Holden said architect Mike Ruetschle, who has worked closely with the district on developing a potential facilities upgrade plan since March 2022, will prepare a “conceptual drawing” of what the project might look like.

“So conceptually, we know … what might that look like in terms of how we would do entrances for grades 5–8 or 9–12, things like that — kind of broad brush things … so that people can start getting in their head some picture,” Holden said.

“There’s a lot of questions I think people will have,” board member Judith Hempfling said in response. “If it’s fleshed out a little bit more, that’ll be helpful to all of us.” 

Looking ahead toward the November vote, board Vice President Dorothée Bouquet reminded her fellow board members of advice received in January from the district’s legal counsel, Bricker & Eckler, about exercising caution when communicating with the public about upcoming levies. Under Ohio law, district employees must not be compensated for time they spend on any activity that might influence the outcome of an election, including at public meetings.

“Our behavior as board members will be under different scrutiny,” Bouquet said. “We’ll have to be very careful about any statements made publicly here or elsewhere.”

Responding to Bouquet’s concern, board member Luisa Bieri Rios asked for a verbal agreement from her fellow board members that any letters from the school board to be published in the News or other publications be agreed upon by all members and be approved by the board president before they’re submitted. Though Hempfling asked that the board obtain guidance from legal counsel about what board members can and can’t communicate in a published letter, she, along with the rest of the board, agreed with the request.

“You can not, as an individual, speak for the whole school board, and nobody intends to do that, I don’t expect — including myself,” Hempfling said.

Semester exams implemented

The board approved several changes to the McKinney Middle School and Yellow Springs High School Student Handbook; among those changes are added guidelines on semester exams, which will be implemented at the high school in the 2023–24 school year.

Until now, YSHS educators have only given semester exams when required for an Advanced Placement, or AP, course; mandatory semester exams for all courses are a new requirement. Holden said the change was prompted by feedback from students, and is intended to prepare students for the rigors of college exams.

“In talking to seniors … they’re really recognizing that they are perhaps not having the same preparatory experiences as others are,” Holden said.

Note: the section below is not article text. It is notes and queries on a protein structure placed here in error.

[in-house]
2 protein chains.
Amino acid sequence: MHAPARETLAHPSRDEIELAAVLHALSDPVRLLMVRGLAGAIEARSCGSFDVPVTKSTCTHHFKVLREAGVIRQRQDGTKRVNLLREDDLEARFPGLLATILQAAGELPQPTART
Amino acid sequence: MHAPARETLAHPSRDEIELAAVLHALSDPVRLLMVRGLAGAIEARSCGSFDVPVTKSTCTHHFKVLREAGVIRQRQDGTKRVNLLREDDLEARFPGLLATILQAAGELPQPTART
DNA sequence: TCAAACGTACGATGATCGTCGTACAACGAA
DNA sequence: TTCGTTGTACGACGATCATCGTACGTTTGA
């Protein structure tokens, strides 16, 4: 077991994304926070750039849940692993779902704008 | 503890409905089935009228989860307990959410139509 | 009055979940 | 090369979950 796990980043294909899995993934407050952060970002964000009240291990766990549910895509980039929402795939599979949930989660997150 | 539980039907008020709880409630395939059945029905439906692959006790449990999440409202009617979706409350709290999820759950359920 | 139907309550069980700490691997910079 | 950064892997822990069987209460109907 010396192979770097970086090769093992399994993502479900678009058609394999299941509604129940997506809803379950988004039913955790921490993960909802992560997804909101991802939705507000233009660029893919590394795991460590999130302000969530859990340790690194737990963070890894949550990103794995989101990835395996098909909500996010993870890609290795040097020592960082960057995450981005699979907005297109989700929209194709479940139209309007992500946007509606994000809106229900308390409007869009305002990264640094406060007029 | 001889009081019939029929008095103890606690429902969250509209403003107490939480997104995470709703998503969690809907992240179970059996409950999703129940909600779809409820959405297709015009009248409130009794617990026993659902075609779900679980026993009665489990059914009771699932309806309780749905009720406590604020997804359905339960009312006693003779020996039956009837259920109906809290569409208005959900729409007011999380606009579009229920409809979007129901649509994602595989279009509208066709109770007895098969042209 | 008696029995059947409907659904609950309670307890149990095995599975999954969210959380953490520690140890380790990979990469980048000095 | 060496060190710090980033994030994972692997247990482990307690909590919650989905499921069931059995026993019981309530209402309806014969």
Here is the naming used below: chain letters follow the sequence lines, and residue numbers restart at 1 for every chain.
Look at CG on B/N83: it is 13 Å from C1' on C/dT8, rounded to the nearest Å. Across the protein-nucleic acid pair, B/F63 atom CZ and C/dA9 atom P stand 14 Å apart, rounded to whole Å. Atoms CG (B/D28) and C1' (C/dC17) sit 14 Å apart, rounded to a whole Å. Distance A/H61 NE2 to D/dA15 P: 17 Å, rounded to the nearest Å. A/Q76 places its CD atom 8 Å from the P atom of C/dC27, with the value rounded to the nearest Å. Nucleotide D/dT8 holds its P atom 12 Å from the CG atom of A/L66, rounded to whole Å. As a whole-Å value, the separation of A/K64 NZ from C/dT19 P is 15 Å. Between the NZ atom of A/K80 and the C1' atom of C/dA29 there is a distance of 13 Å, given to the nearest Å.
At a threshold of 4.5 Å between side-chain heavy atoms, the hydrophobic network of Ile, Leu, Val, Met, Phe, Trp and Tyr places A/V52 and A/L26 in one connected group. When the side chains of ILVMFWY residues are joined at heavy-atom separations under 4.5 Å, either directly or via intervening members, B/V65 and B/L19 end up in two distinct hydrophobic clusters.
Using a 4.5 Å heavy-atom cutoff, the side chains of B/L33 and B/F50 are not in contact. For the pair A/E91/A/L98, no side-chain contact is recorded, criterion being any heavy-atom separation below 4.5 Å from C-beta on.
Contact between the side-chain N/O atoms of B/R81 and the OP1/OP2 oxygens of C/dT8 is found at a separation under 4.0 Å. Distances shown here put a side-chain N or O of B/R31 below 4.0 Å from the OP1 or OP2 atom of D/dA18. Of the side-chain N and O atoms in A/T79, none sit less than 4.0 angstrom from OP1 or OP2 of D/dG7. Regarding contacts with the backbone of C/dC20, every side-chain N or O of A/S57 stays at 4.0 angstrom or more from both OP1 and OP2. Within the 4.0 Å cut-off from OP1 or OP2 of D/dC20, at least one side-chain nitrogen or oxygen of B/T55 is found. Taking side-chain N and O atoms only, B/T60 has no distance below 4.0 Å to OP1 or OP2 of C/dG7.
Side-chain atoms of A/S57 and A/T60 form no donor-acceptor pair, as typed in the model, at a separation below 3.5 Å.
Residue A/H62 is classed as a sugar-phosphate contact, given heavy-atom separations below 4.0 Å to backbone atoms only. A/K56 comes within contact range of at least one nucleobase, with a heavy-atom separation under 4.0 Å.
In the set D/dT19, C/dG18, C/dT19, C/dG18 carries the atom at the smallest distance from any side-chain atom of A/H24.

According to the updated handbook, exams will be administered in every course near the conclusion of each semester and will be worth 20% of a semester grade. Students who complete AP exams will not be required to take a second semester exam. Some exam exemptions will be granted to students each semester: Those with a perfect attendance record with no tardies will be eligible for two exam exemptions; a student who maintains 98% attendance throughout the semester will be eligible for one exam exemption. Exemptions may only be used in courses where students have earned an A for both quarters. 

Bieri Rios urged district administrators to “be very mindful of the student experience [and] anxiety” when considering how best to implement semester exams.

“How do we [increase testing] in a way that feels supportive of the college preparatory experience, but that’s also really taking into consideration the number of testing days?” Bieri Rios asked. “In my experience, it feels like a lot.”

“Your concerns are noted,” Holden said. “I just want you to understand why I’ve made this recommendation, because I think it’s a little bit of malpractice when we send kids out of here without … having experienced any course exams, and they leave us and go to a post-secondary environment where that’s typical. And I want them to be able to say, ‘Yes, Yellow Springs prepared me for this.’”

The next meeting of the school board will be Thursday, Aug. 10, beginning at 6 p.m., in the YSHS Media Center.

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2 Responses to “School board broaches phone concerns”

  1. Bart's Detention says:

    Why is a phone treated any differently than distractions that occurred in ‘the way back era’ when students would whisper or pass notes in class and teachers quite capably handled those situations? Why is it different today for electronics? There are all kinds of distractions to learning. Coach teachers on how to safely handle these situations appropriately. Taking phones should be a very last resolution.

    Personally, I wouldn’t be able to comfortably sit in seat at schools today without a phone at hand (muted, of course) because of all the violence in the news. Hell, I’d just drop out I’d have so much anxiety with all the guns and all. The most we had to worry about was if we could wear bluejeans. That was a big deal. Not firearms. What do I know. I’m old.

  2. Not So Fast... says:

    Send a child to a school without immediate access to contact a parent in this day and age? You might want to re-think that because of the potential of violence that unfortunately has become a modern problem in schools. If you’re going to take their phones you’d best have some device to give them that is a direct dial to the police or their guardians should any ‘unthinkable’ scenario occur.